Such a phenomenon, however, is exactly what led to SVB’s collapse. Once a stalwart of California’s start-up community relied on for everything from payrolls to pension funds, a miscalculation by bank officials to sell billions of dollars in bonds at an apparent loss last week sparked a panic among account holders, leaving the bank physically unable to cover the obligations of those looking to pull money out.
Though the government itself stepped in to avert a broader crisis—announcing the infusion of billions of dollars in insurance to stabilize the bank’s obligations over the weekend—the damage had been done, with Monday’s display exhibiting a broader loss of confidence in the U.S. banking industry that had only recently recovered after the 2008 financial crash.
After SVB’s collapse—which came shortly after the closure of cryptocurrency-friendly Silvergate Bank earlier in the week—federal regulators announced the shutdown of Signature Bank, another deep-pocketed commercial lending firm with a presence in 40 states, sparking fear of greater vulnerabilities in other financial institutions across the country.
Regional bank stocks tumbled amid fears investors would not be compensated for their losses, prompting the NASDAQ to shut down trading. And in a Sunday interview with Politico, former FDIC Chairman William Isaac told the outlet he believed more banks are bound to collapse in what he believed could be the precipice of another 1980s-style banking crisis.
Others were cautious not to hasten the process. During the 2008 crisis, news outlets in Lower Manhattan notably declined to report on Wall Streeters withdrawing funds en masse from banks for fear of inciting a broader panic. Meanwhile on Friday and ahead of the opening bell Monday, financial news outlets tread lightly over news of SVB’s pending collapse out of the explicit fear of inciting a panic that could inflame the financial sector.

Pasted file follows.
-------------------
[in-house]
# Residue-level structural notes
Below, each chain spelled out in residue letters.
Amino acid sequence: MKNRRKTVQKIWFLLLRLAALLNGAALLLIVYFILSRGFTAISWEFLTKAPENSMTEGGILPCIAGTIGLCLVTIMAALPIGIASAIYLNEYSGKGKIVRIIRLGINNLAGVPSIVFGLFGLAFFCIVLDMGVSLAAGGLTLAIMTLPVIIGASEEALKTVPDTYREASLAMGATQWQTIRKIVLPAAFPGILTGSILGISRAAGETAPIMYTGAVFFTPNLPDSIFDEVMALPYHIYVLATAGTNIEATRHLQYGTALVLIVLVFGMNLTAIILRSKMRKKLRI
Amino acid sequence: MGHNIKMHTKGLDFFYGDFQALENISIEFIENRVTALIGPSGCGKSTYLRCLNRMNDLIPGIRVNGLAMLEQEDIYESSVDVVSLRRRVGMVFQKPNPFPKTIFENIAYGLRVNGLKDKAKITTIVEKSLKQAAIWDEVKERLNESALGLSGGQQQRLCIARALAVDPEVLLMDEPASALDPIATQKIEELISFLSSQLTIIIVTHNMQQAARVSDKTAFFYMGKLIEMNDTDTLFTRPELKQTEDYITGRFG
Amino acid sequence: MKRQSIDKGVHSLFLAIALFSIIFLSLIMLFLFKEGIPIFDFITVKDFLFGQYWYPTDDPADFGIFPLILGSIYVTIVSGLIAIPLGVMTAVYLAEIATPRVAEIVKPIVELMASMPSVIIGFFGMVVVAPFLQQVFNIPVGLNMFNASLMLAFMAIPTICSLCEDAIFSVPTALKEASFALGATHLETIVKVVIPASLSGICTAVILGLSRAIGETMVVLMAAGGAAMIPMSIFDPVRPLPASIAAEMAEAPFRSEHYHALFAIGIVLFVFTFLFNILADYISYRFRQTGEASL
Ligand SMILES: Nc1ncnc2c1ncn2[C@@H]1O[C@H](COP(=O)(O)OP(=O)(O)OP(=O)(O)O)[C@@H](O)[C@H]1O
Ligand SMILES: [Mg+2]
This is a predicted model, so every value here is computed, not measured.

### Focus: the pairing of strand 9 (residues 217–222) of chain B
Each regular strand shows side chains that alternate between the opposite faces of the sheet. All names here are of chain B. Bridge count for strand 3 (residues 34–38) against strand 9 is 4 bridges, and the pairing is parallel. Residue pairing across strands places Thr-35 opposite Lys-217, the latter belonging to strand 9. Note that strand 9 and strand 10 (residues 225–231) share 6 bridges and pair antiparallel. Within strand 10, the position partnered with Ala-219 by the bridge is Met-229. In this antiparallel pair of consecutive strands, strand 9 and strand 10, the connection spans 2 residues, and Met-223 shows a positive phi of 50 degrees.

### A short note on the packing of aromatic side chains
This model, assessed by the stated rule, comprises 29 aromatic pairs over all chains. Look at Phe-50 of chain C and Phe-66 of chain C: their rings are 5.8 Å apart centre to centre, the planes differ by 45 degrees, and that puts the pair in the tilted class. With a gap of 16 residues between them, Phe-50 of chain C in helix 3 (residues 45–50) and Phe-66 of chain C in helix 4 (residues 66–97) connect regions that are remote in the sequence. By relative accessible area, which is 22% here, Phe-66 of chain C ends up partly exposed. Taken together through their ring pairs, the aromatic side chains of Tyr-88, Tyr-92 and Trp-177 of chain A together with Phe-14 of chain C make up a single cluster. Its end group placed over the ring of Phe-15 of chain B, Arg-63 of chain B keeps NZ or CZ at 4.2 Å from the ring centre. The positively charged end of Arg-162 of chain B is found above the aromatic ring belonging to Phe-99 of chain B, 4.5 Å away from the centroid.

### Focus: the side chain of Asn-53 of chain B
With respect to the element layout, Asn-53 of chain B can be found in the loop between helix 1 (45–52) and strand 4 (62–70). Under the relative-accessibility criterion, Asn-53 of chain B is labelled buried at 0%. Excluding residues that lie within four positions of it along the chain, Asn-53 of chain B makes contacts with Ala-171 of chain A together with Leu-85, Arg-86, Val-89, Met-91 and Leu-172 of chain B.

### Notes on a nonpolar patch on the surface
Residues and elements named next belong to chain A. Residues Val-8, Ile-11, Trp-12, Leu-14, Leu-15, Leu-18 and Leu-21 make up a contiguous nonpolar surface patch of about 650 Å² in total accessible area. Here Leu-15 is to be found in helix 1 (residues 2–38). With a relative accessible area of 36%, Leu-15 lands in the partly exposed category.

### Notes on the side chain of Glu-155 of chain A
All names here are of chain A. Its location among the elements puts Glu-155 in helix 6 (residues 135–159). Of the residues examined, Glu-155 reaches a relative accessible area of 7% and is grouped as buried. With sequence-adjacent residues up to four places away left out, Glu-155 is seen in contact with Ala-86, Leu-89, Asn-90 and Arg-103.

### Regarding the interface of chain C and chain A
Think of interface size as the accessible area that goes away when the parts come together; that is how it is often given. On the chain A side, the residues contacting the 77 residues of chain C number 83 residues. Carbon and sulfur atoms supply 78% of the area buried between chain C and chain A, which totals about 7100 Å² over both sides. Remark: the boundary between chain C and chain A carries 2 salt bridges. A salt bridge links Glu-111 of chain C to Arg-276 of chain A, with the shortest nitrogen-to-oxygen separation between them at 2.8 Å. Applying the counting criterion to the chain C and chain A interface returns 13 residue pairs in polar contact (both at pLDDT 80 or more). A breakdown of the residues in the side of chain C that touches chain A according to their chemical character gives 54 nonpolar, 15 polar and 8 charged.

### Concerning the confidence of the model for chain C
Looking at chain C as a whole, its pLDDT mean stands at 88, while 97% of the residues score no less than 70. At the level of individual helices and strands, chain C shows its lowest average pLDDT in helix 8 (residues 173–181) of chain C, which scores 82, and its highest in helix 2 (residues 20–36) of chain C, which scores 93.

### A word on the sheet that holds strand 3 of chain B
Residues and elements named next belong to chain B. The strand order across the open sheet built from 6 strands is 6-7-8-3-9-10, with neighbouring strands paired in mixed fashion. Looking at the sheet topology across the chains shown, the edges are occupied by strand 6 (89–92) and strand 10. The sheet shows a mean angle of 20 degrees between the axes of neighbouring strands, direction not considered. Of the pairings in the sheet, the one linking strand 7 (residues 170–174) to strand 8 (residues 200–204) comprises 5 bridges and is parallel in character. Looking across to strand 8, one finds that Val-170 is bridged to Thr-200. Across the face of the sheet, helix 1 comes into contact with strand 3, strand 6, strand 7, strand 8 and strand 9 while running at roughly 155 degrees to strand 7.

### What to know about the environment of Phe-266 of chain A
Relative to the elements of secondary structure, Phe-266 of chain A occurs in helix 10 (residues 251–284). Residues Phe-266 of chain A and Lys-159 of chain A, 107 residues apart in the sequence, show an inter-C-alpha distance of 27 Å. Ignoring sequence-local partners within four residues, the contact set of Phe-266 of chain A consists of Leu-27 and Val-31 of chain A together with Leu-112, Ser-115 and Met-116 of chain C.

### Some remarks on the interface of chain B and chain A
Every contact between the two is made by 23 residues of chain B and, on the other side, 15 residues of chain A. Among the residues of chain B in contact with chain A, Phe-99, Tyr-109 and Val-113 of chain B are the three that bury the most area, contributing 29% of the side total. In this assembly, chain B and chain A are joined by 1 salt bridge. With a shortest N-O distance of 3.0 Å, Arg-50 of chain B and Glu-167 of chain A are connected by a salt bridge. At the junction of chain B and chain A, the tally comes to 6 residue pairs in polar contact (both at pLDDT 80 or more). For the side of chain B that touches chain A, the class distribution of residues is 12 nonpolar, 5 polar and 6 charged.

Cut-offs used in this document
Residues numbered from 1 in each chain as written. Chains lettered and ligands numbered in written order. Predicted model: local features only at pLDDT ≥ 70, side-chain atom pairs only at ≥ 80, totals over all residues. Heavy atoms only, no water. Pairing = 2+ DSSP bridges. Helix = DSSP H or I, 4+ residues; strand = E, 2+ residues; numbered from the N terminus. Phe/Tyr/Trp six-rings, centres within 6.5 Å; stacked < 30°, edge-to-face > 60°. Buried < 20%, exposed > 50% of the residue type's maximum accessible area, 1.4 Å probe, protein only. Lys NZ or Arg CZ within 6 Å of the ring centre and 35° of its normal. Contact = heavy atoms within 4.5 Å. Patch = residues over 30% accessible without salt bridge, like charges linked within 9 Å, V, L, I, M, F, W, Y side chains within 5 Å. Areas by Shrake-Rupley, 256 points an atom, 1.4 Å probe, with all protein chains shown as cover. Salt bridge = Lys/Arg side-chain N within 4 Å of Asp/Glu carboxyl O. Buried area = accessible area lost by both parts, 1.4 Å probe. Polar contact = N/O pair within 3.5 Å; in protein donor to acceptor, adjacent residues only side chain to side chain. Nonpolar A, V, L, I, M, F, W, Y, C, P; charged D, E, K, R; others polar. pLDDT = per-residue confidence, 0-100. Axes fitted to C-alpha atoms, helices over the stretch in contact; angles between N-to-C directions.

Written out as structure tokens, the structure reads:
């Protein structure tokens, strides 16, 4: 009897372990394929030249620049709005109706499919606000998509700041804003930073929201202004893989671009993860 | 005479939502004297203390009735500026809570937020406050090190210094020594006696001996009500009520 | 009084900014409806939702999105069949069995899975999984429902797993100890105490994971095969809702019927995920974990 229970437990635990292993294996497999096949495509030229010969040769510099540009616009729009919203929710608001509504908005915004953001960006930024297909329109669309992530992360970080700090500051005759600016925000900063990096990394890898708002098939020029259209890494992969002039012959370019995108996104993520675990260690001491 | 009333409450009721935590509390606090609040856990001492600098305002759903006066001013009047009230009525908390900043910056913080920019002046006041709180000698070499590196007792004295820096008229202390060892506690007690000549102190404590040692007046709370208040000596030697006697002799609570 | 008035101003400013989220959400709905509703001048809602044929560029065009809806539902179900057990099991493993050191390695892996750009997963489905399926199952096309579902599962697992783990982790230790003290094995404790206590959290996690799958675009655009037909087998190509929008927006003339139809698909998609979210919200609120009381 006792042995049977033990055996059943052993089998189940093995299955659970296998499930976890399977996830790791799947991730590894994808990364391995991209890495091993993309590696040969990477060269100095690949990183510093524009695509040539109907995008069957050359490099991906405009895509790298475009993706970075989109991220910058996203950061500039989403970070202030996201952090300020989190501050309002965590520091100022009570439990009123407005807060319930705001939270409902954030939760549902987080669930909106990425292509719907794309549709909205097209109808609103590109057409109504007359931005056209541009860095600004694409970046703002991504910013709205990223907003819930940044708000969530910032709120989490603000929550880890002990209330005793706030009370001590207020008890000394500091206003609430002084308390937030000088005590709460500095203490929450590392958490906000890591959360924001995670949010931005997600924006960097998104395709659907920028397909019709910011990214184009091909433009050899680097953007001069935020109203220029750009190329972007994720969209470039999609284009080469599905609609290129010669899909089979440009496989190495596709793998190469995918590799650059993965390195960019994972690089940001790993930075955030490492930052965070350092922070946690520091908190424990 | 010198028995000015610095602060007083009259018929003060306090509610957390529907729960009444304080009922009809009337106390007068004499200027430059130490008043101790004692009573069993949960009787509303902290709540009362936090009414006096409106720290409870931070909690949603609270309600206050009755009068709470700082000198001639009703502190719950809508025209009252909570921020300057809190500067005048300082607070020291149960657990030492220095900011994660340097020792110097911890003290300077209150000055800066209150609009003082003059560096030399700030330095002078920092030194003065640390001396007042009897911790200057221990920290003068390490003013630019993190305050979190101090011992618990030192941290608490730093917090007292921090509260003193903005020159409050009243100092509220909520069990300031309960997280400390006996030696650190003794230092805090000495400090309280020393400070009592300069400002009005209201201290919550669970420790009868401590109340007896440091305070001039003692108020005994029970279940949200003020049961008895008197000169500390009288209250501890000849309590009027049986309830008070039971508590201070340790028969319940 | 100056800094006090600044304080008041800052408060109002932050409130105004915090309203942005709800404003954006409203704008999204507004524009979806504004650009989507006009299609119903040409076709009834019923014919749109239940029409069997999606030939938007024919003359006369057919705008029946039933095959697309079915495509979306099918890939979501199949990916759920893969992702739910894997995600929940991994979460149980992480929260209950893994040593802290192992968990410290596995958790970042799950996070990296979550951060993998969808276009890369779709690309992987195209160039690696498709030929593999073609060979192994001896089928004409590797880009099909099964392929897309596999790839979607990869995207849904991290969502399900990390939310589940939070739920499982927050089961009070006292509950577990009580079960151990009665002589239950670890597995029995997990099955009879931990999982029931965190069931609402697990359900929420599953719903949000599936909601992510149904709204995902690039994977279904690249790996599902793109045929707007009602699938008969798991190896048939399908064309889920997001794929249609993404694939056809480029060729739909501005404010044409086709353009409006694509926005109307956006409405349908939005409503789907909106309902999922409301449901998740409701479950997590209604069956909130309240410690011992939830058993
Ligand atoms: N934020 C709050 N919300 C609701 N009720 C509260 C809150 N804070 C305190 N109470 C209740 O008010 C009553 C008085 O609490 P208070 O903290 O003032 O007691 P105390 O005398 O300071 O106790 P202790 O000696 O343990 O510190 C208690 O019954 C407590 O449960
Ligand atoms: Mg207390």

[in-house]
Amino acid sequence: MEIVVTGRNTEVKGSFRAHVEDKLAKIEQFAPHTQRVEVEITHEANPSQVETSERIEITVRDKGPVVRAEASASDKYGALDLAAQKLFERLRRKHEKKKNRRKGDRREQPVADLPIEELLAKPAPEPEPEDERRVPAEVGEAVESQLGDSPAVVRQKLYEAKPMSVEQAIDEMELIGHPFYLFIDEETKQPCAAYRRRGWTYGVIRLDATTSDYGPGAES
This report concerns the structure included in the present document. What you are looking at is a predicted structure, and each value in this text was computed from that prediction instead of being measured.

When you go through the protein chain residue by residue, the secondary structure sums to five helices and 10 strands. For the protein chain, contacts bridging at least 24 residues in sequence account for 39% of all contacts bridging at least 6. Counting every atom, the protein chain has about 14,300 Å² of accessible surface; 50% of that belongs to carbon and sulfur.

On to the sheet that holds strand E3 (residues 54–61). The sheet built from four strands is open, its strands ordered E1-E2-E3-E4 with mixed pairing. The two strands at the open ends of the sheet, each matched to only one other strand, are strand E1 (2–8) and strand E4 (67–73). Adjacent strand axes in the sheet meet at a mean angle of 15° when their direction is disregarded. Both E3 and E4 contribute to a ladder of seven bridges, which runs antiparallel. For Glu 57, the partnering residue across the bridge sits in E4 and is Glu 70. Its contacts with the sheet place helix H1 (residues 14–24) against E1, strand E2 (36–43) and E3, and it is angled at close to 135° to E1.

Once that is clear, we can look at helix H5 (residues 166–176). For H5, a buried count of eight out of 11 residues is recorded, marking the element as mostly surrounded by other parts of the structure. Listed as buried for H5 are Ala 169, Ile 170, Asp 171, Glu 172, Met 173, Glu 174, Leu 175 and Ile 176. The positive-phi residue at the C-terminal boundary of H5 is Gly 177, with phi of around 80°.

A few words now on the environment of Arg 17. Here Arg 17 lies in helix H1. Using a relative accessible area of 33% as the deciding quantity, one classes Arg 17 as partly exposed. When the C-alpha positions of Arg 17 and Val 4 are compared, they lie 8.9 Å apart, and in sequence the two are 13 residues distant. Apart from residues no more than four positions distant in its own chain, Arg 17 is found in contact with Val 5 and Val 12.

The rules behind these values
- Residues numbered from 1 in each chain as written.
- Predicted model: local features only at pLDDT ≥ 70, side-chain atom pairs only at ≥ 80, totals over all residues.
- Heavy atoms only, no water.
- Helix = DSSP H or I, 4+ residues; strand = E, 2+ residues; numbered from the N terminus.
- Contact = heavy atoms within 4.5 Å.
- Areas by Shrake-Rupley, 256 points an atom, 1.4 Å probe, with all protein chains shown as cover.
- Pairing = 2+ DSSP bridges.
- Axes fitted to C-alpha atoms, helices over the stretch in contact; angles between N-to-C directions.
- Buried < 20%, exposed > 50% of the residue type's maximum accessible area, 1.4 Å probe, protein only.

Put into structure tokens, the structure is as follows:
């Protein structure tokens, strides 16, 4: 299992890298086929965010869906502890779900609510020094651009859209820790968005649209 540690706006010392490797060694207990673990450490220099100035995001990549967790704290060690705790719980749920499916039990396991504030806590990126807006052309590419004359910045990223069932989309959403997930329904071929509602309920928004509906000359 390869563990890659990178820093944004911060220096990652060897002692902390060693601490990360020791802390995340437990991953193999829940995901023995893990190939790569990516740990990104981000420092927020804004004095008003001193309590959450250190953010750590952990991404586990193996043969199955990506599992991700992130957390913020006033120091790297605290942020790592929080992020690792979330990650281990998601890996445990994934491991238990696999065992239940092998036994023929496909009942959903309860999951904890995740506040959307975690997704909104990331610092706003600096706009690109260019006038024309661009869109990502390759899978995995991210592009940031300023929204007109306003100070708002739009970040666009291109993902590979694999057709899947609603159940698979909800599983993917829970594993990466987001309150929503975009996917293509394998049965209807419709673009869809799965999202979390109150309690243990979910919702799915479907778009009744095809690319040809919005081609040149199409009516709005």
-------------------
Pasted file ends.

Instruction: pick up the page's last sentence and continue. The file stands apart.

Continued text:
“It is easy for any of us to cause a [bank] run at this very moment,” CNBC Mad Money host Jim Cramer—one of the most-watched financial advisers in the country—said on his program Monday.
Holtz-Eakin told Newsweek it’s important that those navigating the SVB fallout continuously acknowledge how it’s different from the 2008 financial crisis. Where the root of that crisis was the mortgage and lending market—which connected mismanaged banks to the rest of the financial sector—the collapse of SVB and other banks could be seen as isolated incidents of mismanagement.
Companies like Silvergate, SVB and Signature, he said, all had very limited client bases that were facing issues simultaneously.
To maintain the public’s confidence, the Biden administration—and federal regulators—will have to keep a close eye on the industry to avoid a similar incident.
“[These banks] really weren’t … well-managed,” Holtz-Eakin said. “[SVB] had this incredibly weird business model or they only have one kind of customer, these tech startups, which almost got in trouble at the same time. They didn’t have any diversification of either their funding sources or their risk, which was really weird. So the question here is whether there are other banks that are next. That’s the only question that’s really scary.”